When Not to Use a Package

For all the benefits and usefulness of packages, there are some aspects of packages that can give pause—and sometimes, though rarely, argue against the use of packages. Let's take a closer look.

Suppose I have a package of commonly used utilities, chip_util , for a potato chip manufacturer. It contains, in particular, the company_tagline function, which returns this potato chip brand's marketing tagline ("Everybody wants more!"). This tagline appears at the bottom of company e-mails, inside reports, on screens, and so on. It is called by hundreds of programs in the system, and it never changes (this is not a company that spends a whole lot of money on marketing!). Listing 3 shows what the chip_util package might look like.

Code Listing 3: The chip_util package

   FUNCTION company_tagline RETURN VARCHAR2;
   FUNCTION max_chip_diameter (brand_in IN VARCHAR2) RETURN NUMBER;
   FUNCTION to_metric (weight_in in NUMBER) RETURN NUMBER;
   FUNCTION nutrition_label_template RETURN VARCHAR2; 
END chip_util;
   FUNCTION company_tagline RETURN VARCHAR2
      RETURN 'Everybody wants more!';
   END company_tagline;   
   ... all the rest of the programs ...
END chip_util;

The chip_util package is constantly updated with new utilities, thus requiring the recompilation of the chip_util package specification. This recompilation, in turn, forces the invalidation and recompilation of all those programs that call chip_util.company_tagline —yet that program itself has not changed.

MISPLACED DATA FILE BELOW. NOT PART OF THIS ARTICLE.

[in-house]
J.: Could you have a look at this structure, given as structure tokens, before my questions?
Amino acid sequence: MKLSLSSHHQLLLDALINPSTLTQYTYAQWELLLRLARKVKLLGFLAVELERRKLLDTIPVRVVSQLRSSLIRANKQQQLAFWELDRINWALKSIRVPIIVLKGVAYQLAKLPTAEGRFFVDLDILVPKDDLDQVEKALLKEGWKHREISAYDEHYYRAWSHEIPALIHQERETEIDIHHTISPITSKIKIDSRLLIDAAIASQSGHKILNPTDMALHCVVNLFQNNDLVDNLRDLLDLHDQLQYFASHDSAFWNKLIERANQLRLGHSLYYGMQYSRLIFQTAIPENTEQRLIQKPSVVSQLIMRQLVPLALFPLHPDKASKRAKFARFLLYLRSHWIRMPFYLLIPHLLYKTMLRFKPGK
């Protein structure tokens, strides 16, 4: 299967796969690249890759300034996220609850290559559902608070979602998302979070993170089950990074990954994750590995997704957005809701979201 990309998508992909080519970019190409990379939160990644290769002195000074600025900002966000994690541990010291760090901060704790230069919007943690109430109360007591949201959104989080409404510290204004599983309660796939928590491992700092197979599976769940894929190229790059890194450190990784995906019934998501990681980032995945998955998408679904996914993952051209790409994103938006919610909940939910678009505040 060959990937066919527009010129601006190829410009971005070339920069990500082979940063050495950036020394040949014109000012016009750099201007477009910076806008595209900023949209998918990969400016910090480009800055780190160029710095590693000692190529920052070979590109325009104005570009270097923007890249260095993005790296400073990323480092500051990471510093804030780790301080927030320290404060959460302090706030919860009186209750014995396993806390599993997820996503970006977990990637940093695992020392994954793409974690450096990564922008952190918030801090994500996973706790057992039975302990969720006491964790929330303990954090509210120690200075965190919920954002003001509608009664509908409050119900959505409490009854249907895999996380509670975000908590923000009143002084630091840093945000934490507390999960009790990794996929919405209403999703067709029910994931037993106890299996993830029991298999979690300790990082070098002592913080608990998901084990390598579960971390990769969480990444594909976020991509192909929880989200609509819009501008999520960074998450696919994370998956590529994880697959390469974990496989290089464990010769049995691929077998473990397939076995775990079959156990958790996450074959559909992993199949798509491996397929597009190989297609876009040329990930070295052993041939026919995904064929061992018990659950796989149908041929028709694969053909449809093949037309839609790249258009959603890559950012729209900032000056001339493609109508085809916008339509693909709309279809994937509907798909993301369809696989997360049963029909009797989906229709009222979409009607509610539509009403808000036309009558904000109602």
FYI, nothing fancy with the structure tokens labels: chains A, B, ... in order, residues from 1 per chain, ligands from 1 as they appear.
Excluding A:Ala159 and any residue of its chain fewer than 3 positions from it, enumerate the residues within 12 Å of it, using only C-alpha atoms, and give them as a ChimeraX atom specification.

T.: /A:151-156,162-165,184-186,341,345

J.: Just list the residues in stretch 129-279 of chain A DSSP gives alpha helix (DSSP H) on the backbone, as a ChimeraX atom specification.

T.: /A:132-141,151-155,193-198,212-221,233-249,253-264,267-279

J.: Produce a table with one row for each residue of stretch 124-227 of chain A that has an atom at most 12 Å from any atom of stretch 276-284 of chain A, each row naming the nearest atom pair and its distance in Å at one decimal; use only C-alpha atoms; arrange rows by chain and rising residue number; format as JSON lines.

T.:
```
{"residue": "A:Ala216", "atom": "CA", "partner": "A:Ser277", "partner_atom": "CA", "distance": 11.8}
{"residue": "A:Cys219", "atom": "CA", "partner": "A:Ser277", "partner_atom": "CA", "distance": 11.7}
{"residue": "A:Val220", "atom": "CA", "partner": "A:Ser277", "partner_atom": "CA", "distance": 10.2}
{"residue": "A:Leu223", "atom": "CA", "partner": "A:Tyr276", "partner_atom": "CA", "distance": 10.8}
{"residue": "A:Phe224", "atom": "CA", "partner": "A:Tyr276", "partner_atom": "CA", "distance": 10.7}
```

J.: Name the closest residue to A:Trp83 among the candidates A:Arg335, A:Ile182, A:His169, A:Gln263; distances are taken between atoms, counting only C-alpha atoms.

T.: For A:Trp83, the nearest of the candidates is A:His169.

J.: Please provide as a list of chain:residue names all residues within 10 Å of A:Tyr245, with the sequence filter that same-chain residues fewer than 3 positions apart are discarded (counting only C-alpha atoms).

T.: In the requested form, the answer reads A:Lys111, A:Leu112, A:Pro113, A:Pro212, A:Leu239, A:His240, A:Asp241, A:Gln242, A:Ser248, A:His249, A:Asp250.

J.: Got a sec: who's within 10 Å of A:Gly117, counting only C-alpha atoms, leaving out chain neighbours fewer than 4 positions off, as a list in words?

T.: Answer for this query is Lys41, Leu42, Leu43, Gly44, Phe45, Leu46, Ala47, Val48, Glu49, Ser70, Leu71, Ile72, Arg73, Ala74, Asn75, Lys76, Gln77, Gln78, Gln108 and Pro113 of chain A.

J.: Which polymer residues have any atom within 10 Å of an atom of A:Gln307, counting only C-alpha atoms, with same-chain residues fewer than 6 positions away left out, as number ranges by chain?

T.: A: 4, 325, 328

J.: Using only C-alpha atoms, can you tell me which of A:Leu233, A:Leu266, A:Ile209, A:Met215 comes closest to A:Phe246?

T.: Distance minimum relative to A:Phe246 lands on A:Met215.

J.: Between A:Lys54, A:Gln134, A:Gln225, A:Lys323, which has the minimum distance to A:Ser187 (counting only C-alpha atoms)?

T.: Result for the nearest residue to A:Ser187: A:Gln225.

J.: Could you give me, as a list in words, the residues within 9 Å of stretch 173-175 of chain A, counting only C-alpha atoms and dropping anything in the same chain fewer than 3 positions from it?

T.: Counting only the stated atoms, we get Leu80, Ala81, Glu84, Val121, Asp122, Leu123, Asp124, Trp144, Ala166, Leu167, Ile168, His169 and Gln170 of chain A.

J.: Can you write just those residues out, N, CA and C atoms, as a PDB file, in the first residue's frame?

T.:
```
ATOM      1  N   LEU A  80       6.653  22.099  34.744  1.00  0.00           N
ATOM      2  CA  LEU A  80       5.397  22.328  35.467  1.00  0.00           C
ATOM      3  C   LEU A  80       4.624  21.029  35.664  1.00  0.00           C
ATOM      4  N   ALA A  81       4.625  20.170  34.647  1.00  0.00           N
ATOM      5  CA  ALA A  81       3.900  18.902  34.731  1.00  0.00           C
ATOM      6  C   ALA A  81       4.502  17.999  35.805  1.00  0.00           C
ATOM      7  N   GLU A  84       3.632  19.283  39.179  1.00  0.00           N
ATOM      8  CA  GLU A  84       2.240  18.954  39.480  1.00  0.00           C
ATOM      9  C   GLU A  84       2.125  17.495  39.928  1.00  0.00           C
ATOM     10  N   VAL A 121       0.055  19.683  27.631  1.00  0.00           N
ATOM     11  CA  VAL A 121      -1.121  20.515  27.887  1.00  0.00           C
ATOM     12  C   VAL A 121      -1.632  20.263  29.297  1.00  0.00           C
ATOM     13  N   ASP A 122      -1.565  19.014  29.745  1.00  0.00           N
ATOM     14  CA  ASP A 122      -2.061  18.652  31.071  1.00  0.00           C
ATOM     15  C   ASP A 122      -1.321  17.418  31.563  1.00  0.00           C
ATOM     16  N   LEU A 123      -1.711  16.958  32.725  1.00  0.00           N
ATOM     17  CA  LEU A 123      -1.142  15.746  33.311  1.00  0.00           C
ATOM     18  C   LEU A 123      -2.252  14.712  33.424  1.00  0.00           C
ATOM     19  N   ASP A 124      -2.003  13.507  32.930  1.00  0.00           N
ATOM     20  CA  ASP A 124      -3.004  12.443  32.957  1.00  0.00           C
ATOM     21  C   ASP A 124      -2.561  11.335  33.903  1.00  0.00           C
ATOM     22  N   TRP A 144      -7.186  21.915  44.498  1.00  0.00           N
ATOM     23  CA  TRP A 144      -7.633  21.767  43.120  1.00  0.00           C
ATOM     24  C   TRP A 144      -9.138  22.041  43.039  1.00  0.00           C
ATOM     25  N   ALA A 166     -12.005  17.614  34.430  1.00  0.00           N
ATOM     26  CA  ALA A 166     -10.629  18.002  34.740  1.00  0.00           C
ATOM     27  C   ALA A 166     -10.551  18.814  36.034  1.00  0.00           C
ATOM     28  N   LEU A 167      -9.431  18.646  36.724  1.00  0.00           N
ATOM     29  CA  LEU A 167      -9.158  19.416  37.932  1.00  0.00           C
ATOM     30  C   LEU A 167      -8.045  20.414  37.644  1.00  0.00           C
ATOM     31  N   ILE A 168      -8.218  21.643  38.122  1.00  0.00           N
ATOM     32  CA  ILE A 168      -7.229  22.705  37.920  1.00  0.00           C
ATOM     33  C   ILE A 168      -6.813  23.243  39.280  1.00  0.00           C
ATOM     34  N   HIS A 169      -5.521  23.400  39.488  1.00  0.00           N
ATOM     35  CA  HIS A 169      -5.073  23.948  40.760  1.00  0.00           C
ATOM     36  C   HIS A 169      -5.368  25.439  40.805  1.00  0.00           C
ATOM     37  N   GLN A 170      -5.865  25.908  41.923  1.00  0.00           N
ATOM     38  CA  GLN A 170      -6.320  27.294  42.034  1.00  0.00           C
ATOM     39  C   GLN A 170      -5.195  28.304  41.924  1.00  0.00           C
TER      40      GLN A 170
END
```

In this scenario, I would be better off taking the company_tagline function out of my package and defining it instead as a standalone function, as shown below:

company_tagline RETURN VARCHAR2
  RETURN 'Everybody wants more!'
END company_tagline;

Then programs that use the function would be invalidated only if the company_tagline function itself changed, which doesn't happen. A relatively safe global search for chip_util.company_tagline and replace with company_tagline could complete the conversion of the company's applications to use the standalone function.

More generally, consider following these guidelines to minimize the need for recompilation of your package code:

  • Isolate and separate functionality that rarely, if ever, changes, from those areas of your application that change frequently. This might result in a small number of standalone programs, or you might end up with a package of "static" code.

  • Avoid program dependency bottlenecks in your code base. If you create packages that are referenced widely in your application, do everything you can to avoid the need to recompile those programs. For example, rather than declare constants in the package specification, define a function that returns the constant value from within the package body. That way, you can always change the value without having to recompile the specification.

Beyond the issue of recompilation, you might also choose to bypass a package when you need the capabilities of an object-oriented structure in your application. Using Oracle's object type—initially introduced in Oracle8 and greatly enhanced with support for inheritance in Oracle9i—would in such a situation be a better choice.

Use Packages Widely but Wisely

Without a doubt, packages serve as the cornerstone of application development in the world of Oracle PL/SQL. They help you organize your code logically, leverage session-persistent data, and provide clean interfaces to underlying functionality.

Watch out, however, for complications with package initialization. And recognize that no matter how compelling a package may be, there are times when it will still make sense to rely on standalone procedures and functions.